Having good social skills is a big factor in someone’s success at school and at work. Social skills help us to build rapport, make jokes and share experiences. They help us to identify when to take a step back if we have said something inappropriate or to offer sympathy to someone who is upset.  Individuals with autism and language difficulties often need additional support with developing social skills. To build on a child’s social skills here are some things you can do:


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Speech and Language Assessment

Written by Kerry Main

Having a speech and language assessment can be a daunting decision for a parent. It can be difficult to decide whether it is the right time to schedule an assessment or whether you should hold off.  Sometimes having an assessment completed by a professional can give you peace of mind and also provides you with an opportunity to clear up questions you have.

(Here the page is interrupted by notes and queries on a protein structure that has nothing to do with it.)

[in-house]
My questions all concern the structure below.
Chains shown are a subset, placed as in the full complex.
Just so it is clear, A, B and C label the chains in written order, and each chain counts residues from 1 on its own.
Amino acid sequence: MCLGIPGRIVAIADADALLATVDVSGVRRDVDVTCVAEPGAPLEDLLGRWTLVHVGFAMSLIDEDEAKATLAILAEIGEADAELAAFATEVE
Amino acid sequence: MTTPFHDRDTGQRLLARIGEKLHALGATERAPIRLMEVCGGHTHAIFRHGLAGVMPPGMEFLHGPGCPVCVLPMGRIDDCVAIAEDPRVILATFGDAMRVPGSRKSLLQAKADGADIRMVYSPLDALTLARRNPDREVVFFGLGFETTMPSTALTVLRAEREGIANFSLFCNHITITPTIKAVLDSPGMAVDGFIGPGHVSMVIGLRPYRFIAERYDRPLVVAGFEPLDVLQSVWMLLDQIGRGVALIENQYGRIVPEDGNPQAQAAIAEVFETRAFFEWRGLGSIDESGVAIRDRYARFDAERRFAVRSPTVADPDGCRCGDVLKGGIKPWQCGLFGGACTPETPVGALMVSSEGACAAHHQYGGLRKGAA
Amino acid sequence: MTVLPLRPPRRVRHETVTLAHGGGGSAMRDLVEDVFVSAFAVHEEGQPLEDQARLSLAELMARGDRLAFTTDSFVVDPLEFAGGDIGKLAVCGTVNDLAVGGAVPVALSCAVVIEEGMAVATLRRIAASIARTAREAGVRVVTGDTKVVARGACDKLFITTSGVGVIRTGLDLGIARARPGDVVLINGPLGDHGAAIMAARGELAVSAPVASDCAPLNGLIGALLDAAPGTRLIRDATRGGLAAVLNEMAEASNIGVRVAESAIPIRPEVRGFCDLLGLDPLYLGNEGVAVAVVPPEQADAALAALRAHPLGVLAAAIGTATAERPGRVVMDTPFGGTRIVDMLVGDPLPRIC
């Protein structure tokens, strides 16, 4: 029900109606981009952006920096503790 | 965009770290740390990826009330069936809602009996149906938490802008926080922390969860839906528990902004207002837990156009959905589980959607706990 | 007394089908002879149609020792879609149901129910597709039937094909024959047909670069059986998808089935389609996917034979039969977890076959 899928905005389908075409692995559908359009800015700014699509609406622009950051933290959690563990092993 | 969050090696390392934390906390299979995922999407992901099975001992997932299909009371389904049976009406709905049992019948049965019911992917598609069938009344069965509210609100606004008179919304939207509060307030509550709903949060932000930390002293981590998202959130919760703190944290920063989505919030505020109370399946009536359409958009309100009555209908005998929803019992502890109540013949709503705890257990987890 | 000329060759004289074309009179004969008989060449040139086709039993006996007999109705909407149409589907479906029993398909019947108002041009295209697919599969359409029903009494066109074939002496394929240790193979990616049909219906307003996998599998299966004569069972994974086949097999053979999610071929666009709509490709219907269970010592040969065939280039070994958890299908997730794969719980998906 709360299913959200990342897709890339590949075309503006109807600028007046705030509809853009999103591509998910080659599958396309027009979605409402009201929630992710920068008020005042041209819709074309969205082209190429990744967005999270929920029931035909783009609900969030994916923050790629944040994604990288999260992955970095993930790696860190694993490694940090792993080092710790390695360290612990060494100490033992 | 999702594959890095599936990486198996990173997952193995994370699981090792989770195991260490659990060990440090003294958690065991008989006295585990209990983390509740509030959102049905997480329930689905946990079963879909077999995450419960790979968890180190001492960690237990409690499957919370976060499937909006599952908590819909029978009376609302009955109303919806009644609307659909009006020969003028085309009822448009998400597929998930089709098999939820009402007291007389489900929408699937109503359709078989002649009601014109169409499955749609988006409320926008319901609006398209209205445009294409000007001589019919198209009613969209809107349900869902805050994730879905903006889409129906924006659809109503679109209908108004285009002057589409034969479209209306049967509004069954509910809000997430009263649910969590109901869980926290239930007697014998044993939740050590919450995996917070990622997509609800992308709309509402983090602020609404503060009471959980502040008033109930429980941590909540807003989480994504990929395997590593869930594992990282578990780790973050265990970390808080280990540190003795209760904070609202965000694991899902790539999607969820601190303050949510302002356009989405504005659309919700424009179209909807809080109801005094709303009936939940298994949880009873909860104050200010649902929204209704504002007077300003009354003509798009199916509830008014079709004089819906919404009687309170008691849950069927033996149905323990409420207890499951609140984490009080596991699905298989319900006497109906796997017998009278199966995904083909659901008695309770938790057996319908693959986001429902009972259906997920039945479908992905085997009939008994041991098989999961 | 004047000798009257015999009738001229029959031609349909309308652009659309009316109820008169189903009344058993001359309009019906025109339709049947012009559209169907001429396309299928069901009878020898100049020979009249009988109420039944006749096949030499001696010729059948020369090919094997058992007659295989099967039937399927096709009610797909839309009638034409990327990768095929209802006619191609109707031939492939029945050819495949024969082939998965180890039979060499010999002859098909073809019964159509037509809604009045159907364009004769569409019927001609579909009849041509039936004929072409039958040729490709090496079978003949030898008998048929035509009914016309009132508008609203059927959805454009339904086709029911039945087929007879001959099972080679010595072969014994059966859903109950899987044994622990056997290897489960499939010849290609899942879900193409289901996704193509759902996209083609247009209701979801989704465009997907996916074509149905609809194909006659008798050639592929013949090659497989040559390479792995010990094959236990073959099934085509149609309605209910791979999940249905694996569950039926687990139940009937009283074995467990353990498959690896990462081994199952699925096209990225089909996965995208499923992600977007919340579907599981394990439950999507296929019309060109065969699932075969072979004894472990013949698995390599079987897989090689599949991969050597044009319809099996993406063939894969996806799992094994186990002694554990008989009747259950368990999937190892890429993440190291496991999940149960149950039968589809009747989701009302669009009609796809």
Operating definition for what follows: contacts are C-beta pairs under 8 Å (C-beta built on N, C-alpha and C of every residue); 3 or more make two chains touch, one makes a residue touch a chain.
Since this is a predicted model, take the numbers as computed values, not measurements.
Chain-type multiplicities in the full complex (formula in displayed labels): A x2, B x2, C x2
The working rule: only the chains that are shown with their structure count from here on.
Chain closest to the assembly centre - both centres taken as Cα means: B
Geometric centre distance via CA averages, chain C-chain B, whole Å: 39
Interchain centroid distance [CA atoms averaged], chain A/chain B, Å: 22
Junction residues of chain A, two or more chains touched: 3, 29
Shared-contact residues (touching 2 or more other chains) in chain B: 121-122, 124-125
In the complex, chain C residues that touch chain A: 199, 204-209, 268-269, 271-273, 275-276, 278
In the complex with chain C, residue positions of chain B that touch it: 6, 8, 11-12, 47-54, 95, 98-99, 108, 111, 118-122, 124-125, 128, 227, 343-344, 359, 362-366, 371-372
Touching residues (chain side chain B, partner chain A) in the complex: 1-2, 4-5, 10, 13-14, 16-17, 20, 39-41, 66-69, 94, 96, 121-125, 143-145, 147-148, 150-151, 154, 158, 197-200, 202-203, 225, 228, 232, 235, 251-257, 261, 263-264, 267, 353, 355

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Vacancies

Written by Kate Grimes

                                                                                                          

We are regularly hiring for the following positions on a full/ part time basis:

Speech and Language Therapists (SLTs) 


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What to expect from a Speech and Language Assessment?

Written by Kate Grimes

You may decide to have your child assessed for a number of reasons. Perhaps a nursery teacher/ school teacher has highlighted some concerns and advised you to get a second opinion? Maybe your child is not speaking and using their language the same way their brother and sister did/ the same way a friend or family member’s child is?